- Lhasa, Tibet - Lost Horizon by James Hilton
For the first time, Tibet now offers luxury hotel accommodations and high-end amenities. As you might expect, new business districts and shopping malls have followed. Although many are concerned that these developments exploit a sacred land, they do make travel far more comfortable. If you decide to take advantage of the new wave of luxury, consider packing a copy of Lost Horizon by James Hilton, the 1930's classic about survivors of an airplane crash who find shelter in a monastery in Tibet.
- Havana, Cuba - Our Man in Havana by Graham Greene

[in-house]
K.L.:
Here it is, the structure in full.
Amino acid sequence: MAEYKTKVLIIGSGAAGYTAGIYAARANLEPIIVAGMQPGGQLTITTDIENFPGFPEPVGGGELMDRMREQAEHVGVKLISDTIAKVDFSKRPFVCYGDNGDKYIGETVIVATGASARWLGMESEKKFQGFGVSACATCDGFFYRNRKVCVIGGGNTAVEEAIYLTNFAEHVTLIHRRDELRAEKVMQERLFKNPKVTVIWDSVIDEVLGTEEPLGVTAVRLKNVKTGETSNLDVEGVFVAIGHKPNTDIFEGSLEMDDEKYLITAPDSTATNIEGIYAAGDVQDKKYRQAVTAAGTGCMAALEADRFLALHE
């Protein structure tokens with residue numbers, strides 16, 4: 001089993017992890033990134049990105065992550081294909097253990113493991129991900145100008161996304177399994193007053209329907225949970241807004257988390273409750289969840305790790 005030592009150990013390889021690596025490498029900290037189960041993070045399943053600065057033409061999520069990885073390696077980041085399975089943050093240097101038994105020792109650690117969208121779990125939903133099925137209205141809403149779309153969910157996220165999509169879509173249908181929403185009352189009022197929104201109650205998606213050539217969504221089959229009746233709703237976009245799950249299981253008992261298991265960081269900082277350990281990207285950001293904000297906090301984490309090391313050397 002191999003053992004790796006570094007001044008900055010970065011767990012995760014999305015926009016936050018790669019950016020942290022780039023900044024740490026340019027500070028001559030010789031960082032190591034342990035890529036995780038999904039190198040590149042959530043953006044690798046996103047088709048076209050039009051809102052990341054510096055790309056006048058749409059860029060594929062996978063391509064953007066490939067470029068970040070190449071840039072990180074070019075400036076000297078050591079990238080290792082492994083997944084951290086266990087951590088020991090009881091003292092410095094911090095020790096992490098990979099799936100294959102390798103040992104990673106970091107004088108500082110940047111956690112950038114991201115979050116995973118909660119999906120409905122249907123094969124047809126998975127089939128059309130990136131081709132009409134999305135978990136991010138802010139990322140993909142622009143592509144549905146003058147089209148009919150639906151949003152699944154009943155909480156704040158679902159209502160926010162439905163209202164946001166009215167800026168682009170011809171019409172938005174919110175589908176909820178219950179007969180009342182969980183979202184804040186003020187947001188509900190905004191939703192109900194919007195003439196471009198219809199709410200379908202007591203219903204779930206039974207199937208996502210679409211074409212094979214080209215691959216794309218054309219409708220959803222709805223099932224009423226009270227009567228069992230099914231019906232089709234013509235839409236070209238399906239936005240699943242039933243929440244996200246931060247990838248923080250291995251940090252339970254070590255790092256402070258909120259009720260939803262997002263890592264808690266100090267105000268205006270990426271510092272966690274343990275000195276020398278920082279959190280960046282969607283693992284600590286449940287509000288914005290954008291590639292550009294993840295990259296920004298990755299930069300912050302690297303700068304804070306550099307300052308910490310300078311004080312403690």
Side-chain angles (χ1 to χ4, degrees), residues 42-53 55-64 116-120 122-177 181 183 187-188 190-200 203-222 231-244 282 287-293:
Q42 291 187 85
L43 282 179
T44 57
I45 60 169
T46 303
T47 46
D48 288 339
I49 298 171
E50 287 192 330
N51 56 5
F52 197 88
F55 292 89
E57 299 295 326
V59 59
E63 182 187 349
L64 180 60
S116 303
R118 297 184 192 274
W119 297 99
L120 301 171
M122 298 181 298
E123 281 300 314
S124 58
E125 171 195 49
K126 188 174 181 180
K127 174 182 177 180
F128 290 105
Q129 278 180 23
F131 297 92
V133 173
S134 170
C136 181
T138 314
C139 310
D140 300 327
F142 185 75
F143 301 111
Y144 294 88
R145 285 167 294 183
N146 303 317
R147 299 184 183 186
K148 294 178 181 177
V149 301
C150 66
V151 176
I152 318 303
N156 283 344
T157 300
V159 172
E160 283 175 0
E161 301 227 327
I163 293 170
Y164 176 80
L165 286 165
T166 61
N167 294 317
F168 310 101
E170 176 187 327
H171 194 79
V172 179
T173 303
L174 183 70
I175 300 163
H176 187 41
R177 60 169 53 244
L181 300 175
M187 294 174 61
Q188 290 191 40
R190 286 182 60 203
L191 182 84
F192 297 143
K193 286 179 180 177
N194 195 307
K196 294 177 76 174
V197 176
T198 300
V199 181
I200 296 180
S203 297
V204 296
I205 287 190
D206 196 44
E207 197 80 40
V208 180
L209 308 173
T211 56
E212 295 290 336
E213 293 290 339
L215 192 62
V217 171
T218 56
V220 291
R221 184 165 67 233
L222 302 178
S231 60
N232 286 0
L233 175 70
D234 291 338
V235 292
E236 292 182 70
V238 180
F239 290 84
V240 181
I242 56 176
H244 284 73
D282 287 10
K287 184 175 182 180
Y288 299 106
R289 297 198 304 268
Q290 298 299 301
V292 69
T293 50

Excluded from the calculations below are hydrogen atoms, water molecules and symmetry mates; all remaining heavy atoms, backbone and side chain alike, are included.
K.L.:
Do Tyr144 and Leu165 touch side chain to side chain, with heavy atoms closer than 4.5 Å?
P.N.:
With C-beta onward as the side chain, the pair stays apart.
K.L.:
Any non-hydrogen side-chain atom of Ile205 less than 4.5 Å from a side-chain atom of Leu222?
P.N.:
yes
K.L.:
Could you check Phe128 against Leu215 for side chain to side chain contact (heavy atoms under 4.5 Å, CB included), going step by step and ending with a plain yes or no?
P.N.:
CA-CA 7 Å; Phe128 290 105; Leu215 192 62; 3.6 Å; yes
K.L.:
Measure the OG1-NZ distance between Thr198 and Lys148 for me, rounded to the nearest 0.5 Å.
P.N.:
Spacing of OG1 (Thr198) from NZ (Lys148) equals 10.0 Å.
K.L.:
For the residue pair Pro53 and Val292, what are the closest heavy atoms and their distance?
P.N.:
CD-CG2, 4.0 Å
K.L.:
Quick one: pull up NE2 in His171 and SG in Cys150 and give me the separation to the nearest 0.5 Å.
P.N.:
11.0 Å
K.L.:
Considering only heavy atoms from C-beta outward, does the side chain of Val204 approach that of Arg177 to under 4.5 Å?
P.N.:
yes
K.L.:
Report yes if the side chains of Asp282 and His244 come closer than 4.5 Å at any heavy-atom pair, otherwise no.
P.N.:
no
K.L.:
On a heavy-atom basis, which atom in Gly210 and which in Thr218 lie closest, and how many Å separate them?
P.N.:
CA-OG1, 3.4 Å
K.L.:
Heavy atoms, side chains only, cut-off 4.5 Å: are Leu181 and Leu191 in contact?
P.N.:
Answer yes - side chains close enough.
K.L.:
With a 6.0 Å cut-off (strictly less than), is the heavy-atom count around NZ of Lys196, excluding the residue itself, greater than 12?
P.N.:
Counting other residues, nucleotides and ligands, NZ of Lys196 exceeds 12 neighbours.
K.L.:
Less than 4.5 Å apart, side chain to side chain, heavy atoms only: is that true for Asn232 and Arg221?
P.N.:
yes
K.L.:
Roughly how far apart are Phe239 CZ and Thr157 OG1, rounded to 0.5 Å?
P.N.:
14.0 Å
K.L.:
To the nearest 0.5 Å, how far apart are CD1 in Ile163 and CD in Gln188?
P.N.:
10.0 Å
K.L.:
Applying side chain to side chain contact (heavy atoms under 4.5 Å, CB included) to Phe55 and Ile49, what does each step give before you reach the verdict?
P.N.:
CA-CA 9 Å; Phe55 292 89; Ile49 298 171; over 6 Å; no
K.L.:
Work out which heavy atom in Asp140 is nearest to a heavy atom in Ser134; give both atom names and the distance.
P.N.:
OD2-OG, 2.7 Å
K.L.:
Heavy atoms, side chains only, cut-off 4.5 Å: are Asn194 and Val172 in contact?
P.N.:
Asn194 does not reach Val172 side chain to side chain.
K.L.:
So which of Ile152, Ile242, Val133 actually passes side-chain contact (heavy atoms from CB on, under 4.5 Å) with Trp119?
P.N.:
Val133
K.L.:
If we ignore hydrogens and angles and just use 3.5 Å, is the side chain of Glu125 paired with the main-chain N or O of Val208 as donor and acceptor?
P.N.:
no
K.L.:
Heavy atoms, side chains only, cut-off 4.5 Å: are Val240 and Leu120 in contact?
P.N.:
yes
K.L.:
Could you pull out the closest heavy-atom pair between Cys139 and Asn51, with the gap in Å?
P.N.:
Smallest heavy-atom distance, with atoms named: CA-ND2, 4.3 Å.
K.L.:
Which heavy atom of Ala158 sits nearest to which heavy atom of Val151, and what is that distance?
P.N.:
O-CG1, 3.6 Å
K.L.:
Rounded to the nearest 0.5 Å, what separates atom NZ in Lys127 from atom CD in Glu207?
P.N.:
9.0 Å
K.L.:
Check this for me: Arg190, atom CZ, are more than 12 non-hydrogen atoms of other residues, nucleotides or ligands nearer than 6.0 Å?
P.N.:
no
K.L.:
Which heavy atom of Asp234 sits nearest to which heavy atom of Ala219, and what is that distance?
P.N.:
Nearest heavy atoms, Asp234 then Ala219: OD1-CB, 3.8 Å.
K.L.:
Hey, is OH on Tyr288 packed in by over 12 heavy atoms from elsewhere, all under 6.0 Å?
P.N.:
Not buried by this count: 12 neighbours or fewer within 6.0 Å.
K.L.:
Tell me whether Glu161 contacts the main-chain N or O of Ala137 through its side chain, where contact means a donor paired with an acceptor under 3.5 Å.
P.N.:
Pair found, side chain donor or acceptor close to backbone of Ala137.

Although Cuban beach vacations remain prohibited, the Obama administration has widened the types of travel allowed, including with organizations like National Geographic Expeditions and the Center for Cuban Studies. As a condition of travel, Americans often are expected to interact with Cubans about the country's rich culture and traditions. We suggest that you pair your trip to Havana with Graham Greene's classic, Our Man in Havana, an espionage thriller published in 1959 that still resonates today.
- Moscow, Russia - Gorky Park by Martin Cruz Smith
There's always been much to see in Moscow, but with the extravagant renovation of the Bolshoi Theater and the opening of the Russian Icon Museum, 2012 is a very good year to make the trip. If you go and you aren't inclined to immerse yourself in Tolstoy, we suggest Gorky Park by Martin Cruz Smith. The honest chief homicide investigator must battle the KGB, FBI and New York City police as he tries to solve a triple murder in Moscow, all while falling hard for a headstrong dissident.